You’ll hear it over and over: Every baby is unique. It’s true, and because of that, your breastfeeding experience with your baby won’t be quite the same as your sister’s or your best friend’s. All the same, there are common patterns you can expect during your first week of nursing.
Day 1: First feeding
Some babies seem to be born eager to latch on, while others take their time. “I had a really fast labour with Isabella,” says Elisa Brook about her four-week-old daughter. “I think she and I were both feeling a bit shocked and shaky once she was born. Then I remember thinking, “Gosh, I haven’t nursed her yet.” That was probably 15 or 20 minutes after the birth.”
To Brook, an experienced breastfeeding mother, that 15-minute wait seemed like a long delay, but other mothers sometimes wait an hour or two while the baby is weighed and cleaned up before getting a chance to hold her and start breastfeeding. A mother who’s had a Caesarean may wait even longer, and that’s less than ideal.
The Baby-Friendly Hospital Initiative guidelines, established by UNICEF, recommend that all mothers be helped to initiate breastfeeding within half an hour after the baby’s birth. The baby seems to be primed to start then, and the antibodies in the first milk will protect her at a time when she’s most vulnerable to infection.
That recommendation includes Caesarean mothers as well, who -- with a little help — can breastfeed while the incision is being stitched up, or in the recovery room right afterwards. If you’re feeling a bit shaky yourself after the dramatic experience of giving birth, the good news is that your baby knows what to do. Lactation consultant Diane Wiessinger of Ithaca, NY, recommends a “laid-back” nursing position for that first feeding, where the mother gets in a comfortable, semi-reclining position and lets the baby lie face down on her chest and abdomen.
“The baby can crawl to the breast on his own, using his senses of touch and smell,” Wiessinger explains. “Babies all do it a bit differently, but they will find the breast and latch on, and usually latch on beautifully. In that semi-reclining position, you don’t have to do much — gravity holds the baby against your body, and you can just give a little support if you feel it will help.”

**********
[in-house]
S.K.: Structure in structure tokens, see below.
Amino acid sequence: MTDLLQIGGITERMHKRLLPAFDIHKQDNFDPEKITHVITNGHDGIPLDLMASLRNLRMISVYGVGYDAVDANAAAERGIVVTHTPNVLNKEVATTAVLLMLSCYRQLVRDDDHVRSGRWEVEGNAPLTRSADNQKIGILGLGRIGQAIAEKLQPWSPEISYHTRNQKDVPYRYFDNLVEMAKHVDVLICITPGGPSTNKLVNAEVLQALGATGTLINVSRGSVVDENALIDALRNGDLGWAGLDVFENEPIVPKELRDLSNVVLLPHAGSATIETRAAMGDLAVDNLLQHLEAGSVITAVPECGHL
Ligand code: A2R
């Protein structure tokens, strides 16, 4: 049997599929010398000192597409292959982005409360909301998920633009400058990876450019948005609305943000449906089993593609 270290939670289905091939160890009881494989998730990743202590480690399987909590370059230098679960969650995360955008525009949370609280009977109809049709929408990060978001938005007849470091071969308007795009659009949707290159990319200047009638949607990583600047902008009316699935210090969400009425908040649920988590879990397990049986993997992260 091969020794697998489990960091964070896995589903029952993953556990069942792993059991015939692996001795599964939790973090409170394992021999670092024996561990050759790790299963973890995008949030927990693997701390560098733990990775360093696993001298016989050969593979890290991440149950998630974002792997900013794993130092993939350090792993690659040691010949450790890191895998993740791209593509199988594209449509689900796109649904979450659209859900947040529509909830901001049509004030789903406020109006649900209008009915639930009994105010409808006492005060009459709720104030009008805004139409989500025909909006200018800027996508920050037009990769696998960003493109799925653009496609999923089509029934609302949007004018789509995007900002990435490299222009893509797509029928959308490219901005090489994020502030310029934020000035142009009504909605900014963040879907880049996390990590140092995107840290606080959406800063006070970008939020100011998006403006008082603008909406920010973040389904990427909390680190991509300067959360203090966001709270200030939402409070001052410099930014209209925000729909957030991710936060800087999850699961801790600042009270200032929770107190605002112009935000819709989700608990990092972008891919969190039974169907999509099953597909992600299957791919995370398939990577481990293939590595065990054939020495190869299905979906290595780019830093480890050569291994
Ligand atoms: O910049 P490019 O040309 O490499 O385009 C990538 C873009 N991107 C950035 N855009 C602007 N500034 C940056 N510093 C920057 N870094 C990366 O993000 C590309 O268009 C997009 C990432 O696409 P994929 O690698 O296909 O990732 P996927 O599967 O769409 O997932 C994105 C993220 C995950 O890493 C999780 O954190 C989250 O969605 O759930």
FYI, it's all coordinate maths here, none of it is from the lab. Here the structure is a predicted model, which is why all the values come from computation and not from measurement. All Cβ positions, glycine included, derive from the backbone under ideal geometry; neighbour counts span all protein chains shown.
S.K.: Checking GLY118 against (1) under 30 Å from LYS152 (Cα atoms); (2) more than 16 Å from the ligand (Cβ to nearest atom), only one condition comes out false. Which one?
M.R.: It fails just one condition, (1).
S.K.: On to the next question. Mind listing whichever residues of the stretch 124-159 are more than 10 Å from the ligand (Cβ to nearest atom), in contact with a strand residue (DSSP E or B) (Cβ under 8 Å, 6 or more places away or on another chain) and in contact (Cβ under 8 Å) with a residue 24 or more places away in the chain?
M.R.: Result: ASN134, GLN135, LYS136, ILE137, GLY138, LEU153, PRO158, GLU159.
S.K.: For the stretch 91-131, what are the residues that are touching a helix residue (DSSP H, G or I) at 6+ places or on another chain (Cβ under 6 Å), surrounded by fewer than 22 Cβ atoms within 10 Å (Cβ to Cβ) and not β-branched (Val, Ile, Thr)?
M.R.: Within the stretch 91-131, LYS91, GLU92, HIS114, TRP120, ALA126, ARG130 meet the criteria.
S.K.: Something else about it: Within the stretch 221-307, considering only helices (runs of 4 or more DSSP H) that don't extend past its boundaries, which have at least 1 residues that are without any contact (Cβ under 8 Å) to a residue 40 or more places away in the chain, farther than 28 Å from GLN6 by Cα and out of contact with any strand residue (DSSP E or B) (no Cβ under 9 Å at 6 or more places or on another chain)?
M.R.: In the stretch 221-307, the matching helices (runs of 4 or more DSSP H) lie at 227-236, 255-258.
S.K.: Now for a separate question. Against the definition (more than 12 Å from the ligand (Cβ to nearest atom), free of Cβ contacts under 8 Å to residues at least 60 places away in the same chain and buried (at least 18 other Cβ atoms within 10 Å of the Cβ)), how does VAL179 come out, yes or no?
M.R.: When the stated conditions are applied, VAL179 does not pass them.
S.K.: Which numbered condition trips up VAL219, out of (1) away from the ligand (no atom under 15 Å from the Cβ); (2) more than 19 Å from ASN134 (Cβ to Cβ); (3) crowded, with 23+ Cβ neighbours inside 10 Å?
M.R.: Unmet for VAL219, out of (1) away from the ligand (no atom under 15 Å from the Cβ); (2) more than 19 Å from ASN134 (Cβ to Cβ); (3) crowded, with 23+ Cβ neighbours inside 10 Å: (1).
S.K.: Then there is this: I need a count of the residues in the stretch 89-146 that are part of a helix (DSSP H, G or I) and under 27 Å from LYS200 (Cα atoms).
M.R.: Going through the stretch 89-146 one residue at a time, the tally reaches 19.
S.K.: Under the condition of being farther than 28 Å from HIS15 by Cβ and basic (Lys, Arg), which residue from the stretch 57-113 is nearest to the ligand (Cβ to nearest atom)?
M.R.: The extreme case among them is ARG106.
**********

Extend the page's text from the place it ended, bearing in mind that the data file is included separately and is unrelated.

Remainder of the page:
If the baby’s first latch is not comfortable for you, Wiessinger suggests trying to adjust it a little while the baby is nursing. “Tuck the baby in a little closer, help him tip his head back a bit more, and wiggle around until it feels better,” she says. If it is really painful and the wiggling technique doesn’t help, you may want to slide your finger into the corner of his mouth to break the suction, then let him try again.
Often this first feeding is a fairly long one. The baby may nurse for 20 or 30 minutes on one side, take a little break, and continue for another 20 minutes on the other breast. Others will nurse only briefly before going to sleep. And still other babies won’t take the breast at all right after the birth. That’s OK. Keep your baby skin to skin with you, and he’ll probably latch on soon.
Days 1-3: Colostrum
What breastfeeding is like during the next few days depends, to a large extent, on the birth, says Wiessinger. “You are likely to have one of two kinds of babies. One is the unmedicated self-starter who eats when he’s hungry and sleeps when he’s sleepy, and you can just follow his lead. The other baby has been affected by labour medications and needs more monitoring, and may need to be wakened for feedings.”
At this stage, your milk is called colostrum. First-time mom Kay van Akker says, “I’d heard that colostrum was a yellowish colour, but I was surprised to see how golden mine was.” Colostrum is thick and creamy, and is produced in small amounts — ideal for your newborn’s tiny tummy.
Most babies will breastfeed frequently during the first couple of days after birth, getting small amounts of that colostrum (which is high in antibodies and helps to prepare the baby’s digestive system). Plenty of skin-to-skin contact will help you learn your new son or daughter’s feeding cues. Even with those frequent feedings, Wiessinger notes, “there won’t be a lot of wet or soiled diapers in the first day or two.” When the baby does poop, the stool will be black or greenish-black and sticky.
These frequent feedings serve another purpose: They signal the breasts to start up milk production. Later milk production is established to a certain extent by how much the baby feeds in these early days.
Days 3-4: Mature milk
Two to four days after the birth, your milk production begins revving up, as the colostrum is replaced with a much more generous volume of “mature milk.”
Your breasts will change — sometimes dramatically. As van Akker says: “Engorgement really surprised me! I had no idea that I would have so much milk all at once, or that my breasts would get so huge and hard.”